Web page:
Suicide bombings rock Aleppo, Syria. Who is behind them? (+video)
Three powerful explosions rocked the main square in a government-controlled central district of Aleppo, Syria, Wednesday. Nobody has yet claimed responsibility, but previous bombings in the city have raised concerns that Al Qaeda is operating in the area.
Three suicide bombers detonated cars packed with explosives in the main square of the northern city of Aleppo on Wednesday, killing at least 33 people, leveling buildings and trapping survivors under the rubble, Syrian state TV said.Skip to next paragraph
In Pictures Battle for the heart of Syria: inside Aleppo
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A fourth explosion a few hundred meters (yards) away also struck near the edge of the Old City, a world heritage site, where rebels and government forces have been battling in fierce street fighting.
Long free of the violence that has engulfed much of the rest of the country, Aleppo in the past two months has become a key battleground between regime forces and rebels trying to oust President Bashar Assad. The opposition launched an initial offensive on the city, Syria's largest and commercial hub, in July, which has left large swaths of the ancient city shattered.
Rebels last week announced a new concerted push to capture Aleppo, which would be a major strategic prize, giving the victor new momentum. It would also provide the opposition with a base, with easy logistical supply lines with Turkey to the north, from which to carry out their fight against the regime in the rest of the country.
Syria's state-run SANA news agency said the bombings early Wednesday, which targeted Saadallah al-Jabri square, were carried out by "terrorists" and killed at least 33 people and wounded dozens more. Authorities refer to rebels fighting to topple Assad as terrorists and armed gangs.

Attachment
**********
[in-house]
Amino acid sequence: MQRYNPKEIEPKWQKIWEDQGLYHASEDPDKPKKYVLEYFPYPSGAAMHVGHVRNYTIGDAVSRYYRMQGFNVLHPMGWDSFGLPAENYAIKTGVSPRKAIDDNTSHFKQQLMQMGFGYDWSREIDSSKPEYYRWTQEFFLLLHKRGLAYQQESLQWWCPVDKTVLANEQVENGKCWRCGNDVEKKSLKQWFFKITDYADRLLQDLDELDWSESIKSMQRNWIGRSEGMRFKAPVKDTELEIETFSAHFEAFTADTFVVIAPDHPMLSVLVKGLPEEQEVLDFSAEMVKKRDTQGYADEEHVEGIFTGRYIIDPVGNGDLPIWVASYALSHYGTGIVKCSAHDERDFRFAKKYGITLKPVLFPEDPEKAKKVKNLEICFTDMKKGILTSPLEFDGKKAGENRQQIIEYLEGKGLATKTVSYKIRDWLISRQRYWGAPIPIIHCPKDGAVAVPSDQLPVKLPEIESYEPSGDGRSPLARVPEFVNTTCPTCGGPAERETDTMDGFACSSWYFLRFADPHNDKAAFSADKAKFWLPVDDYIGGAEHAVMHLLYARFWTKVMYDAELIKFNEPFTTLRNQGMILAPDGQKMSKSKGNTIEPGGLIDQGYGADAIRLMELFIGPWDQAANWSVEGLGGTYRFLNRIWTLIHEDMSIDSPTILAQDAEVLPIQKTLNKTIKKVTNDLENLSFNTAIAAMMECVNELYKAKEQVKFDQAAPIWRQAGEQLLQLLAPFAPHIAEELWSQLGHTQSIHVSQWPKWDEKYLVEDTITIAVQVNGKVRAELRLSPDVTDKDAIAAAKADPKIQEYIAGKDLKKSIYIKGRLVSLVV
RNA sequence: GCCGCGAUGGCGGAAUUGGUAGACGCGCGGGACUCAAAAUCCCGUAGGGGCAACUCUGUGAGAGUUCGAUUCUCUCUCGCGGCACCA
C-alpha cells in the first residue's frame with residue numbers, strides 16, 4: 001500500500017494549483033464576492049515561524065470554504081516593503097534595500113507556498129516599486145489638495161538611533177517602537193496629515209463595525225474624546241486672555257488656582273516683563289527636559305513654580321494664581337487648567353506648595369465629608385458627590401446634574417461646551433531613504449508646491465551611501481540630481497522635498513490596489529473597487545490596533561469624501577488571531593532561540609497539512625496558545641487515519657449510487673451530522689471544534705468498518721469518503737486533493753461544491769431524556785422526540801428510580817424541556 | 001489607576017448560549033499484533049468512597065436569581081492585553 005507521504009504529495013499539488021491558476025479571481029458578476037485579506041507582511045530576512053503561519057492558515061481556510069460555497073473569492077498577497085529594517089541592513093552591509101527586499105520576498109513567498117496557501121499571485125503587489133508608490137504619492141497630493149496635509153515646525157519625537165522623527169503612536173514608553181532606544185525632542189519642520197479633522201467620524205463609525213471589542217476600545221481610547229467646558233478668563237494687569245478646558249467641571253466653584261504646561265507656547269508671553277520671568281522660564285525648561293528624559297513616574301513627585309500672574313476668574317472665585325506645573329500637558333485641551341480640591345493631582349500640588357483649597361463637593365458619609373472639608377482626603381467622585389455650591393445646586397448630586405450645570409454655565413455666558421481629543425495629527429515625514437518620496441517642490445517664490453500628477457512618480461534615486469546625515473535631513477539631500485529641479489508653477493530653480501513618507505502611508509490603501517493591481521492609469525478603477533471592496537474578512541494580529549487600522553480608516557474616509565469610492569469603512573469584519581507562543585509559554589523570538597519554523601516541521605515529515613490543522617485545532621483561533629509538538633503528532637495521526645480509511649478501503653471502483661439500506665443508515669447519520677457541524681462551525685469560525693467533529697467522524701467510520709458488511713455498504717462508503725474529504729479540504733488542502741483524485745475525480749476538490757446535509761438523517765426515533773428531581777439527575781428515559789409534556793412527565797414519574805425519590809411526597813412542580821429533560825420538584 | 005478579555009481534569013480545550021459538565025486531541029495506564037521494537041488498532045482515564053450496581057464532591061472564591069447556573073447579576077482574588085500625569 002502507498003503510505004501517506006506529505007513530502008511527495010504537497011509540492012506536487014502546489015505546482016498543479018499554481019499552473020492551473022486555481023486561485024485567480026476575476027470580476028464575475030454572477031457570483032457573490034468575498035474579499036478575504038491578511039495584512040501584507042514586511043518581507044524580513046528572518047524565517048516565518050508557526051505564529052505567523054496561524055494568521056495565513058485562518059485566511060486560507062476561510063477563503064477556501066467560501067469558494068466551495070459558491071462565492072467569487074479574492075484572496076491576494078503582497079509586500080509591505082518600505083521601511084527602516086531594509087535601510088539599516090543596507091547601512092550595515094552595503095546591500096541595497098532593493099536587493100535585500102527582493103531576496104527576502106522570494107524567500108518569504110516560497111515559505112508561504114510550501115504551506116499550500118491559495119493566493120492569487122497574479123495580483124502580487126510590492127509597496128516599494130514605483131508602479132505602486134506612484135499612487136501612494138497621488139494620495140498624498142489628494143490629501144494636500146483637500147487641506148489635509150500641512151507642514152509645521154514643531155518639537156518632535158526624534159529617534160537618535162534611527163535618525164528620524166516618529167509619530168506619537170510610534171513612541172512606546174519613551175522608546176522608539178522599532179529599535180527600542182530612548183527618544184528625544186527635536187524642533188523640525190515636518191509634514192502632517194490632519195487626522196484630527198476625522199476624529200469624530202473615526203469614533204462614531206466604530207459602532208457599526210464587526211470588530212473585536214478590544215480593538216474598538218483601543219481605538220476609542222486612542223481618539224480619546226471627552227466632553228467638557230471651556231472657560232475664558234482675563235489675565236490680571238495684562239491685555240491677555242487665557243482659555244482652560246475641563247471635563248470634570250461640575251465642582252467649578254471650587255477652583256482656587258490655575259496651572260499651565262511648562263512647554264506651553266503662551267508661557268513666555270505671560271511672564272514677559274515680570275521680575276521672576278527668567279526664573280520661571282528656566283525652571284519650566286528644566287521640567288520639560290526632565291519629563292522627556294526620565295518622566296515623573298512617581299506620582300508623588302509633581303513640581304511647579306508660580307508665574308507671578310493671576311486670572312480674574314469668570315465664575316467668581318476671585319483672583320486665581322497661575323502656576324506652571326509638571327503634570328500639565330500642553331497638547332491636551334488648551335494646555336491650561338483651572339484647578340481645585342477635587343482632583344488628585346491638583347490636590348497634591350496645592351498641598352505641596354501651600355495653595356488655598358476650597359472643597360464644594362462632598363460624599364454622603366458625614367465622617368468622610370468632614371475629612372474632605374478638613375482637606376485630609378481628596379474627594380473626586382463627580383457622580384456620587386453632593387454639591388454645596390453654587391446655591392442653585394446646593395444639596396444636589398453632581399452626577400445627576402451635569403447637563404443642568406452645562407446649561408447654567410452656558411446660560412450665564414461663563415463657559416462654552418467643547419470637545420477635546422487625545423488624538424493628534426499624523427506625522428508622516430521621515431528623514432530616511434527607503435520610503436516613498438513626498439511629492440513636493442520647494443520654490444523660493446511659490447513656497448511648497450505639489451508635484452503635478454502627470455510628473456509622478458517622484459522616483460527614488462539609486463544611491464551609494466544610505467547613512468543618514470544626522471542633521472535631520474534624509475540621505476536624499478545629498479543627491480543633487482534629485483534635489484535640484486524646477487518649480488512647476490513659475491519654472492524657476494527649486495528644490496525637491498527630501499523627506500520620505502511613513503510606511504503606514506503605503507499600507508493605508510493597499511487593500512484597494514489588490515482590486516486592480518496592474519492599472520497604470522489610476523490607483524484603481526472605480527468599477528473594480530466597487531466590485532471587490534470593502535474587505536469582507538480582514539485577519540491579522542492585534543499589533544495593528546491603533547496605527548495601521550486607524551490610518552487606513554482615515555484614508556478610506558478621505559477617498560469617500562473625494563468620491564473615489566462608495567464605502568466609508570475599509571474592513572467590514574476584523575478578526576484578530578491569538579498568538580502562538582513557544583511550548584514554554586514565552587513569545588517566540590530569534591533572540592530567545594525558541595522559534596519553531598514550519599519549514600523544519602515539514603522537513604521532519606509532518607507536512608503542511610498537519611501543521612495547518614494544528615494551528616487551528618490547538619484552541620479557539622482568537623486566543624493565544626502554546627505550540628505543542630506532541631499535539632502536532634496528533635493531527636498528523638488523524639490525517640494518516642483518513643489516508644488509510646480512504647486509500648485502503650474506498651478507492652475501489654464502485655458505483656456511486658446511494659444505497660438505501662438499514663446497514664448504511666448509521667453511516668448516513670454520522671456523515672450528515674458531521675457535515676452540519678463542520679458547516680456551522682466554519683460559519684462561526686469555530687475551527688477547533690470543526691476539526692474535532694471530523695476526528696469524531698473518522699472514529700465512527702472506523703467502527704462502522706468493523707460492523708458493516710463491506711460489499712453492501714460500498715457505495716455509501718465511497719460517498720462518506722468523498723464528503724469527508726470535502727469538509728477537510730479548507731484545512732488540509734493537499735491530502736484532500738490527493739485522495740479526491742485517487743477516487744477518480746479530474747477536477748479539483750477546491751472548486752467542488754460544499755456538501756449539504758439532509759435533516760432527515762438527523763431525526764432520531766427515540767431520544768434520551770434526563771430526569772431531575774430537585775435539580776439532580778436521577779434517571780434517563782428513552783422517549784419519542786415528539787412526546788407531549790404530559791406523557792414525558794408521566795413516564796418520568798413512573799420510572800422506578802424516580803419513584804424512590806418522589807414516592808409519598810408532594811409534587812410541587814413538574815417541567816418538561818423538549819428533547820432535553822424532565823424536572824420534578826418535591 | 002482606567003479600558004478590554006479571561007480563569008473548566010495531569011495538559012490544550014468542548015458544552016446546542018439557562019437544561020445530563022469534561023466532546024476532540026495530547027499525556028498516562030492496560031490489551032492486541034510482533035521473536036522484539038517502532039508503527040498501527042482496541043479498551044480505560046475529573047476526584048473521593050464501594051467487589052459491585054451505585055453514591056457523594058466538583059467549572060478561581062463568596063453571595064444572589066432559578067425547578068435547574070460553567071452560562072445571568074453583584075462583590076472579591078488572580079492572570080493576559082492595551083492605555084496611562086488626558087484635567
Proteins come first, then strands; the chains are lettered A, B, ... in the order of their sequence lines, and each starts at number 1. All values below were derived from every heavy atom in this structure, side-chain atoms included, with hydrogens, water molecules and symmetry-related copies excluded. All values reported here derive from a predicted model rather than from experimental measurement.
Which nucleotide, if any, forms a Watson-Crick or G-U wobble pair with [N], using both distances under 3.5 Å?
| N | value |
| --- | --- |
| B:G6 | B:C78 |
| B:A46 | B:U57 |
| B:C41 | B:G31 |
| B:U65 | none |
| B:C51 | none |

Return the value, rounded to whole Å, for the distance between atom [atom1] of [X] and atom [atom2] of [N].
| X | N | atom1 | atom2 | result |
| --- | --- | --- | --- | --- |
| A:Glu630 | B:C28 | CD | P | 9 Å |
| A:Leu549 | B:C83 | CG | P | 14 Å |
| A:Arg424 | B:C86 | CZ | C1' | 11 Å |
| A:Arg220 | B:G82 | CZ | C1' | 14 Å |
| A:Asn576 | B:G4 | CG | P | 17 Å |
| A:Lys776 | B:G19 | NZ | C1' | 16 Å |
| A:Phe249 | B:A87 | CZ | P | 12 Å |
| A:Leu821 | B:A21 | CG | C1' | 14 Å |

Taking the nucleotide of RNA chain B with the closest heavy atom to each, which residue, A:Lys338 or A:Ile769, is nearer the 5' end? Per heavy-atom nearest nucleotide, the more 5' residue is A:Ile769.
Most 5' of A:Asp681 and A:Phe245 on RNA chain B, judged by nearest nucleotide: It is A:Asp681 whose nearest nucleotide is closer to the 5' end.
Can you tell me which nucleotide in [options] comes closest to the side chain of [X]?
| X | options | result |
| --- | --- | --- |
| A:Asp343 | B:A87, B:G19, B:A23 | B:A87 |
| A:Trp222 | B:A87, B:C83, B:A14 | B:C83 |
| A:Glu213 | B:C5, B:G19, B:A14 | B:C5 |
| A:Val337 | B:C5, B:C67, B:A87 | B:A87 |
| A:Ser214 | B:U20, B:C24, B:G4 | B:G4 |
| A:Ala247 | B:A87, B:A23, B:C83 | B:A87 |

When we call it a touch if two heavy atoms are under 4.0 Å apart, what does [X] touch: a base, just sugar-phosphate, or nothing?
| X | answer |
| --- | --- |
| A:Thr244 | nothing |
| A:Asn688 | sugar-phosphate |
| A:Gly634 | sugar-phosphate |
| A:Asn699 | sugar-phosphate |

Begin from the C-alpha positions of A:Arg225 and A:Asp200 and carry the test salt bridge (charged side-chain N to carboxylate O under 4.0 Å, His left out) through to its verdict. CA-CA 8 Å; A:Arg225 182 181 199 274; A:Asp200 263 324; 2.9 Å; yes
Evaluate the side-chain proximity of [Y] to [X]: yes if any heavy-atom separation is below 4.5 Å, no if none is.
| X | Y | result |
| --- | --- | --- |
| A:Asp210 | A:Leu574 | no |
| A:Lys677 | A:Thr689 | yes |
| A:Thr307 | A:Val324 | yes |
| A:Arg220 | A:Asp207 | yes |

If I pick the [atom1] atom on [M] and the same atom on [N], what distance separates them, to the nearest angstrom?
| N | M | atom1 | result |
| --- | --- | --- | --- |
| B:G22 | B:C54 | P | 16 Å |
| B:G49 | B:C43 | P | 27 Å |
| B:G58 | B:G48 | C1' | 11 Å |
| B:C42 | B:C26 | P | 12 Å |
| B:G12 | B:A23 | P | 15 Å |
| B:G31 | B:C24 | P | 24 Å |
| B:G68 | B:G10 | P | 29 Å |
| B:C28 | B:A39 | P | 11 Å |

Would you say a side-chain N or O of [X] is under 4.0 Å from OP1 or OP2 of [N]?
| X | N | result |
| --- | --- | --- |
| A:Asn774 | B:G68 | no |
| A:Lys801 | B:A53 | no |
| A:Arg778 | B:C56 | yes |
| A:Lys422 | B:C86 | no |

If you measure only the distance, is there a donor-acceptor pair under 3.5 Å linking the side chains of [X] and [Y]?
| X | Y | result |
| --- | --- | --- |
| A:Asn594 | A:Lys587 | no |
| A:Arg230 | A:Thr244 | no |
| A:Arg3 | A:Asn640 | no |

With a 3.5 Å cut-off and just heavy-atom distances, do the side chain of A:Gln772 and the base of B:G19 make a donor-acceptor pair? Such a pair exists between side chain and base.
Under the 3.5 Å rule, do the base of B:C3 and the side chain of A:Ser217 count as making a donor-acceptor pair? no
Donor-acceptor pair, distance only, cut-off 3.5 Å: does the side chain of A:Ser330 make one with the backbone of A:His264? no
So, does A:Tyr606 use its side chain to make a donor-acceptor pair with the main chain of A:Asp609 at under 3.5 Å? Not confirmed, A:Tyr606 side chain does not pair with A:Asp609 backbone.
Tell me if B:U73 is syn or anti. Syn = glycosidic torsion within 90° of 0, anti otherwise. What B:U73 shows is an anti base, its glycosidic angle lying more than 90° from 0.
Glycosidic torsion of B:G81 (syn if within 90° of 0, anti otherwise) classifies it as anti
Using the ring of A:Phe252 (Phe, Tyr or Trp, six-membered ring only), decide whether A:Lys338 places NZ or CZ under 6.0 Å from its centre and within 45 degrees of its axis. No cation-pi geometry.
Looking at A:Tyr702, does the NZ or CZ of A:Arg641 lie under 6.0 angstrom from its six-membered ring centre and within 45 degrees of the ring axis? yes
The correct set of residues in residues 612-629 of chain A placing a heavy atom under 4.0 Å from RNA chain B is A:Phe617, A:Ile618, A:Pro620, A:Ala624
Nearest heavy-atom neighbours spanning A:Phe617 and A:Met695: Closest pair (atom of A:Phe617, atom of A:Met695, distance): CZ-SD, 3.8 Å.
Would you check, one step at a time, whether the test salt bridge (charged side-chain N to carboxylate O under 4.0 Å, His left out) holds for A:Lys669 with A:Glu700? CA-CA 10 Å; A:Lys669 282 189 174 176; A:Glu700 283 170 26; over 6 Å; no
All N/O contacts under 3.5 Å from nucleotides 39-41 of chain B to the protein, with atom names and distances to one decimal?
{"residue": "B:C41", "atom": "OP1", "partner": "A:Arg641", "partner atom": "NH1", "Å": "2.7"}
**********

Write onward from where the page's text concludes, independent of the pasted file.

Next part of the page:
There was no immediate claim of responsibility for the attacks. Previous bombings in Aleppo and Damascus have raised concerns that the al-Qaida terror network is becoming increasingly active in Syria. Jabhat al-Nusra, or Victory Front, a Sunni extremist group in Syria, claimed responsibility for many of them.
Footage broadcast on the state-run Ikhbariya channel showed massive damage around the square, which also houses a famous hotel and a coffee shop that had been popular with regime forces. One building appeared leveled to the ground. The facade of another was heavily damaged.
The station showed video of several bodies, including one being pulled from the rubble of a collapsed building. Rescue workers stood atop piles of concrete and debris, frantically trying to pull out survivors.
"It was like a series of earthquakes," said a shaken resident who declined to be identified for fear of reprisals. "It was terrifying, terrifying."
Speaking to the AP by telephone, the resident said the officers' club and the hotel were almost completely destroyed. His account could not be immediately verified, although the TV footage showed at least one building reduced to rubble.
Activists could not reach the area, which is controlled by security forces and sealed off with checkpoints.